Afeni Shakur who passed away this week at the age of 69, was widely known for birthing one of history's most influential figures, Tupac Shakur. Before the icon was born, her legacy stems back to her role as a Black Panther in the 1960's and 70's, in the era where she fought for the liberation of black people. Shakur was loved deeply by her son who in 1996, called her a "black queen" in his song, "Dear Mama." With resilience, Shakur laid down a foundation for her children that she discovered through her own journey to self-awareness and black pride.
In the 1960s, Afeni Shakur joined the Black Panther Party after seeing Bobby Seale give a speech on 125th Street in Harlem.
In her biography, "Afeni Shakur: Evolution of a Revolutionary," she explained the experience to the author, Jasmine Guy.
"So there I was wrapped in my Africanness. For the first time, loving myself and loving, now that there was something I could do with my life. There was now something I could do with all this aggression, and all this fear…. So, the Panther Party for me, at that time, clarified my situation. They took my rage and channeled it against them, instead of us. They educated my mind and gave me direction. With that direction came hope, and I loved them for giving me that…. They took me and looked at me and said, 'Afeni, you are strong, so use your strength to help the weak. You are smart, so use your mind to teach the ignorant.' And that’s what I did."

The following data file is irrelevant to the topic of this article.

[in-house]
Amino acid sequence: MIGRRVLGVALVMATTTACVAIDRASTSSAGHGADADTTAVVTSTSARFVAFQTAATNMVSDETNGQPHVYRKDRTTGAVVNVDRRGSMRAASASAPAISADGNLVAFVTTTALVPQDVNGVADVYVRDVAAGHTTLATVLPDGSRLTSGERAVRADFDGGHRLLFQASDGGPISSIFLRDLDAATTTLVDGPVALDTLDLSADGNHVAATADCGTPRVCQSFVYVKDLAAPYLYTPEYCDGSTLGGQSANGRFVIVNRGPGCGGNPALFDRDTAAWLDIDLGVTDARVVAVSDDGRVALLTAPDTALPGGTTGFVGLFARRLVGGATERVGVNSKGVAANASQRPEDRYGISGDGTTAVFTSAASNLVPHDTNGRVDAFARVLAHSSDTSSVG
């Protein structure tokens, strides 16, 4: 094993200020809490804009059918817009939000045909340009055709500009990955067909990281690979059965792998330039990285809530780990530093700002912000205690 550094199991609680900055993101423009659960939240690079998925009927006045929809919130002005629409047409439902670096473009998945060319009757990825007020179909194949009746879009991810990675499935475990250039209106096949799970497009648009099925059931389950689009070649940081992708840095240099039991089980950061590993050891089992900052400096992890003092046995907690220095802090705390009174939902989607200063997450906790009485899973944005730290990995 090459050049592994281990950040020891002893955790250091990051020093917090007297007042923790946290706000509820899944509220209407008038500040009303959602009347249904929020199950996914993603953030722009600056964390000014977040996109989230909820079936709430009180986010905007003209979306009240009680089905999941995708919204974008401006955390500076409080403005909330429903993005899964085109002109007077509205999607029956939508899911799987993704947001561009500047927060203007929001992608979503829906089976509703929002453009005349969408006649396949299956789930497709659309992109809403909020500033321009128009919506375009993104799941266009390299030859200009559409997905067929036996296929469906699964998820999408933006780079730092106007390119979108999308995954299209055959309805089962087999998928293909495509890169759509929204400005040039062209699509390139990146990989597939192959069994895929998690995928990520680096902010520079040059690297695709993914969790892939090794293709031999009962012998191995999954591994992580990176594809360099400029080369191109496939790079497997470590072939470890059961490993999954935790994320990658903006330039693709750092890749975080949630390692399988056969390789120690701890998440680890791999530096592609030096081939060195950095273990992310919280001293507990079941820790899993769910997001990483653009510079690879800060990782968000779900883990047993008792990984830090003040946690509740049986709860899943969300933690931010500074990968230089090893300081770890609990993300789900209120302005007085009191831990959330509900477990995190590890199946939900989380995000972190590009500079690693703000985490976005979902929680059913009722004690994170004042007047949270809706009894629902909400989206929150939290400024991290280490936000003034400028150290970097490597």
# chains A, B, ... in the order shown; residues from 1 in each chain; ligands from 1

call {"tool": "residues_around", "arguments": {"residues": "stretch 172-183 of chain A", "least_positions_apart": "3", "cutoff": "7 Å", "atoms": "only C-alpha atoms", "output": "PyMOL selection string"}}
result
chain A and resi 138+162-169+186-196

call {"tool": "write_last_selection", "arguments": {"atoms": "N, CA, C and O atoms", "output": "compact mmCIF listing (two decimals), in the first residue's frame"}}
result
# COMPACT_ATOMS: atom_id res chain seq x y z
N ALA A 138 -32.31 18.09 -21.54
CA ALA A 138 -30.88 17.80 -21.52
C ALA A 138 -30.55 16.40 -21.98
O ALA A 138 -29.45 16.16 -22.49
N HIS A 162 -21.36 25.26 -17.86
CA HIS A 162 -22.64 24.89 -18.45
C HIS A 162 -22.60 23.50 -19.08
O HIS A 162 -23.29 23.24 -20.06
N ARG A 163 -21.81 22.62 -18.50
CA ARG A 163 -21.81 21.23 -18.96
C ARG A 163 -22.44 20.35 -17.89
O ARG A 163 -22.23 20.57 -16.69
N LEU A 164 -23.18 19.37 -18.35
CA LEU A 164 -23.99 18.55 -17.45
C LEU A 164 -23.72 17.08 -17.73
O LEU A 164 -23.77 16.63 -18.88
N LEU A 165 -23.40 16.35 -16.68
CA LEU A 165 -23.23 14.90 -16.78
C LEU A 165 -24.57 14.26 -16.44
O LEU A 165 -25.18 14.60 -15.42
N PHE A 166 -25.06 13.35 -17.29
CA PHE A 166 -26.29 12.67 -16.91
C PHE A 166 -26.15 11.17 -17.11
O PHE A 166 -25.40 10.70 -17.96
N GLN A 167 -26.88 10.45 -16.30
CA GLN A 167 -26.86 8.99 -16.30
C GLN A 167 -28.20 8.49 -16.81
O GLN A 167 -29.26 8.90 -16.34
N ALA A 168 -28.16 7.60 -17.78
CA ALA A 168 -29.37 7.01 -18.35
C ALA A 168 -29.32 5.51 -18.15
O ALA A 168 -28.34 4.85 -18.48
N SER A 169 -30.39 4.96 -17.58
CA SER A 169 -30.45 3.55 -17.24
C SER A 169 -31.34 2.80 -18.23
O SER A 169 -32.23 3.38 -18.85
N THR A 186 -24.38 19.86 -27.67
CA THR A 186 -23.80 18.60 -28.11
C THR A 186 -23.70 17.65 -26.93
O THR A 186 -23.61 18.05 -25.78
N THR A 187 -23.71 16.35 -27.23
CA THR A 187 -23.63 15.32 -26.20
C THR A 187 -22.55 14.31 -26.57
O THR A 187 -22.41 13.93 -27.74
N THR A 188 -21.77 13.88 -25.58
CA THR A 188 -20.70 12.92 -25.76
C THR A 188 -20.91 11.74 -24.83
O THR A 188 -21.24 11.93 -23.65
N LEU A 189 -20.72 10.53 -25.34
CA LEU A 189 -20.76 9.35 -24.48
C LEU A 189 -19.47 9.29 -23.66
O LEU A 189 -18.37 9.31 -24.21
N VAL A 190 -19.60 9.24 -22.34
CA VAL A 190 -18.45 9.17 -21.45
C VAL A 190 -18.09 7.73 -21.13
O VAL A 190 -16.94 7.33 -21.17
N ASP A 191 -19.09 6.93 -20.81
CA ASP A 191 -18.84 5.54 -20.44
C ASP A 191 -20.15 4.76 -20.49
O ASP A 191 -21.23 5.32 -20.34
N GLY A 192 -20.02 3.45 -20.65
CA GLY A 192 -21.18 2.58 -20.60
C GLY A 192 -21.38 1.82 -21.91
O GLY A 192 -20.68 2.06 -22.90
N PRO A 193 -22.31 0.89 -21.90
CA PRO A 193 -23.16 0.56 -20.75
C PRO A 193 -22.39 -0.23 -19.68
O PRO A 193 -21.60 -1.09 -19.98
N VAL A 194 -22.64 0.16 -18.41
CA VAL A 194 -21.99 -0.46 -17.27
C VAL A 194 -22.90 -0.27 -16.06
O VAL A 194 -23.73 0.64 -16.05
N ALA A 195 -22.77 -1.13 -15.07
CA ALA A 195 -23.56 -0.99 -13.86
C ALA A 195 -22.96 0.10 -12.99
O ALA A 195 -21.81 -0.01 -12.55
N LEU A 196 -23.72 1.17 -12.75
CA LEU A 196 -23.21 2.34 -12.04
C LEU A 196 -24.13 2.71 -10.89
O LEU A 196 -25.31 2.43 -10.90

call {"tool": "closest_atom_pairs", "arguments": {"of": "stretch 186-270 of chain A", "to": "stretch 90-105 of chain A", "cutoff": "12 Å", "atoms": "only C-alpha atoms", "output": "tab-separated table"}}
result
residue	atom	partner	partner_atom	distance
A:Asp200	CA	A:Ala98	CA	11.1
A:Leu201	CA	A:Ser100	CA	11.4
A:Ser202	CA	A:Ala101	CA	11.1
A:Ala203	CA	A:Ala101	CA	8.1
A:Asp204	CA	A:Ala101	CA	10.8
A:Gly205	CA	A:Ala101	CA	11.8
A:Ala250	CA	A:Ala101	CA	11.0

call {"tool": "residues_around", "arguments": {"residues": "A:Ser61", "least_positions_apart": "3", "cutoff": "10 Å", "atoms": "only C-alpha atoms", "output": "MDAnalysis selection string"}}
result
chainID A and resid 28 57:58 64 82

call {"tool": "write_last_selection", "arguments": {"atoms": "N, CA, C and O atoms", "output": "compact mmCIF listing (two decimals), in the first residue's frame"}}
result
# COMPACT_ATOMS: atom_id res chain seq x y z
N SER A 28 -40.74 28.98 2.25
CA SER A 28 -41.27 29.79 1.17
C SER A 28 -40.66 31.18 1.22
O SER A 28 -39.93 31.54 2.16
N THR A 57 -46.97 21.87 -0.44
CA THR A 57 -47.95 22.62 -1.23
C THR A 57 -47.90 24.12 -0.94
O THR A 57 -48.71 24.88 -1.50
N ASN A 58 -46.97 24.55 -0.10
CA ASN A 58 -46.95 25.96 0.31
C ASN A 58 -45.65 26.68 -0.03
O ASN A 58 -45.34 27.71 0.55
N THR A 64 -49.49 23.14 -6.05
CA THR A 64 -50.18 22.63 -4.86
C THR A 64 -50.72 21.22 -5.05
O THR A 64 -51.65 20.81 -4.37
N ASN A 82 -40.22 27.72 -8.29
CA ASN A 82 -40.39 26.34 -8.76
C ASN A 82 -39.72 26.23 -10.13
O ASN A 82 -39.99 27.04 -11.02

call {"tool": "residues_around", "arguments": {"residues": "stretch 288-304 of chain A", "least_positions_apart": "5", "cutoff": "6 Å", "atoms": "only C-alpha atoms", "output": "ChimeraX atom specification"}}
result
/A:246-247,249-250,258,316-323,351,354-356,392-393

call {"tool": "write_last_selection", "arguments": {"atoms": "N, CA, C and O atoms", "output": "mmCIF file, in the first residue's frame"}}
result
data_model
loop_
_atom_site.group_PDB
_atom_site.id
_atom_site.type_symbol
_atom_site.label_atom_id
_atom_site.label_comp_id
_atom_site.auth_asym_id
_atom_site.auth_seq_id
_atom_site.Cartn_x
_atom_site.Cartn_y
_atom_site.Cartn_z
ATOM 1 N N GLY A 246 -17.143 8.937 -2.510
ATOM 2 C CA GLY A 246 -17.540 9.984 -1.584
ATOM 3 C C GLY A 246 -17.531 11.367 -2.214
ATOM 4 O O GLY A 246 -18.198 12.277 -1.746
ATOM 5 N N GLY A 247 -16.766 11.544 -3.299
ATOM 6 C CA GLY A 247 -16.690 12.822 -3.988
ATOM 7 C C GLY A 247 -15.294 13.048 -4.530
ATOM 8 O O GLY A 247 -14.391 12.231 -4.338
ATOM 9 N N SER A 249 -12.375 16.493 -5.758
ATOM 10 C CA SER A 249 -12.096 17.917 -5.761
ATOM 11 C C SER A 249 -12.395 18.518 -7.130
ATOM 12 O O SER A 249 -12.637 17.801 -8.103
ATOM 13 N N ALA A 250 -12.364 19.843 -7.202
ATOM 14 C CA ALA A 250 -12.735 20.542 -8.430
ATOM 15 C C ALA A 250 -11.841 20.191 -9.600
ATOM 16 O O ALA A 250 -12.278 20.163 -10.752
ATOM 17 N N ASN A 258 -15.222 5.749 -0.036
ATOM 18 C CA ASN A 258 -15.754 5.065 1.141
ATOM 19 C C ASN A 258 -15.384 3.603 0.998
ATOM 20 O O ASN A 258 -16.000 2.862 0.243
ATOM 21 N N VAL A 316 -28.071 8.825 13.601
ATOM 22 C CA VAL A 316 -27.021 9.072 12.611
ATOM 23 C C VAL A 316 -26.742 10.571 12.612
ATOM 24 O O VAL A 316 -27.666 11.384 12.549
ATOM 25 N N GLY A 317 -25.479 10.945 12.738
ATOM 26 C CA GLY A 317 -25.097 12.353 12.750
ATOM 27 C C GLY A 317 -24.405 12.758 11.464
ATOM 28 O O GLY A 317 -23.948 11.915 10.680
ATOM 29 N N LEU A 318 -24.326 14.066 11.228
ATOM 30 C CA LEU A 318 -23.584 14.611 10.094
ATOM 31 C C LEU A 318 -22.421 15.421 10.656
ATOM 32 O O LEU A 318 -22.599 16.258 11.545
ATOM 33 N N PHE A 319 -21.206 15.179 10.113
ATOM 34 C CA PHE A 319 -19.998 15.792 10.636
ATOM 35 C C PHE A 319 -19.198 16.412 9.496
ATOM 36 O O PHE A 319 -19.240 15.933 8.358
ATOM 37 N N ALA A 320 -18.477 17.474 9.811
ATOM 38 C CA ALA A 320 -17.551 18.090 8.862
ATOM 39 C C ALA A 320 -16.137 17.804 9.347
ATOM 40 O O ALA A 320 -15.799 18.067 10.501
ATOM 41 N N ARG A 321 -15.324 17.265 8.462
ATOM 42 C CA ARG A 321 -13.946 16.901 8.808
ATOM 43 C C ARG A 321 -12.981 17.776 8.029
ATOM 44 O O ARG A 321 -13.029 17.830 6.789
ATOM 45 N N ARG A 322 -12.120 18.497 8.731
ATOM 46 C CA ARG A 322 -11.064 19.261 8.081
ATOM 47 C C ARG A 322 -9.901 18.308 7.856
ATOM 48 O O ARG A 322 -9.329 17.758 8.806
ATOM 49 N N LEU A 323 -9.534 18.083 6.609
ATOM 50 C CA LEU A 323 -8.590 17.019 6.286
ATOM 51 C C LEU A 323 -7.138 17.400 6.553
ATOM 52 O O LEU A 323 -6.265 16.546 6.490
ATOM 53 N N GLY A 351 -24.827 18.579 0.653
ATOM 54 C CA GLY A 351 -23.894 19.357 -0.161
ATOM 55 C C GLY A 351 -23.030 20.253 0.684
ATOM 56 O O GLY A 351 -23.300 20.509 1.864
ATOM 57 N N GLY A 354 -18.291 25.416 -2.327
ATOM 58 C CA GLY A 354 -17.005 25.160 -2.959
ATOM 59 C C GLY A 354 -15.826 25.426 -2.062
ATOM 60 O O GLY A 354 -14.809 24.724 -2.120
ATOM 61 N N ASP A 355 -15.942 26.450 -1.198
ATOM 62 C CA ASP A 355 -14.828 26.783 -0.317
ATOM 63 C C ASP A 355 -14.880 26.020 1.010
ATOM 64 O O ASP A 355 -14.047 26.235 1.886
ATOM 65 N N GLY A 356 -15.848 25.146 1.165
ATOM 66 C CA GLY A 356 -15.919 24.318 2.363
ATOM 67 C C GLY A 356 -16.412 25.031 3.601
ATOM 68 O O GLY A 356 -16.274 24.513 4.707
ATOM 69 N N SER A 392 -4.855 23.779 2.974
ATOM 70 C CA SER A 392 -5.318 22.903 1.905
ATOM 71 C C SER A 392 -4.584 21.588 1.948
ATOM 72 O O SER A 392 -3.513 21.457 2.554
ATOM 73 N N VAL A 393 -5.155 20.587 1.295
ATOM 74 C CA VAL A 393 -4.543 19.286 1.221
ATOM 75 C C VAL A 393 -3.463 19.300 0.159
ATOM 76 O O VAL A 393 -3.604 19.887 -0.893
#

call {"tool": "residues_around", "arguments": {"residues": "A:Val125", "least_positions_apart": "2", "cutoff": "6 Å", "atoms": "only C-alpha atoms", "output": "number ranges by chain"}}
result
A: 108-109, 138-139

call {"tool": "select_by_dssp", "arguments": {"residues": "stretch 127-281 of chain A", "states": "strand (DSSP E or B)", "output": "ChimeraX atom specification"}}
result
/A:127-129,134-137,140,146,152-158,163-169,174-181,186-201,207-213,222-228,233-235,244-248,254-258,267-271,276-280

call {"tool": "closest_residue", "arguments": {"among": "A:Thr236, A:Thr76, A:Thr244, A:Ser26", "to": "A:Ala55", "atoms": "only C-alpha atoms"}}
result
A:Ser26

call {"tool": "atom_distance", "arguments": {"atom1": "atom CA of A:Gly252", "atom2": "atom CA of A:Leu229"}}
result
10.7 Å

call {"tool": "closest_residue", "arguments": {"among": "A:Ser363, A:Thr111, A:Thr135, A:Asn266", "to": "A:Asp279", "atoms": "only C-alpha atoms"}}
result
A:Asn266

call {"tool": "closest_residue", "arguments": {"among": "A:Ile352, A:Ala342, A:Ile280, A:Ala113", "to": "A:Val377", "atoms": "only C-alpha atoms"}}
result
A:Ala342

In 1970, as a member of the Panther 21, Shakur was arrested with 20 other Black Panthers for allegedly conspiring to bomb landmarks in New York City.
While Shakur was pregnant with her son Tupac, she defended herself on trial without representation and was acquitted of all 156 charges.
After using her intellect to beat the case, one month and three days later, Tupac Shakur was born.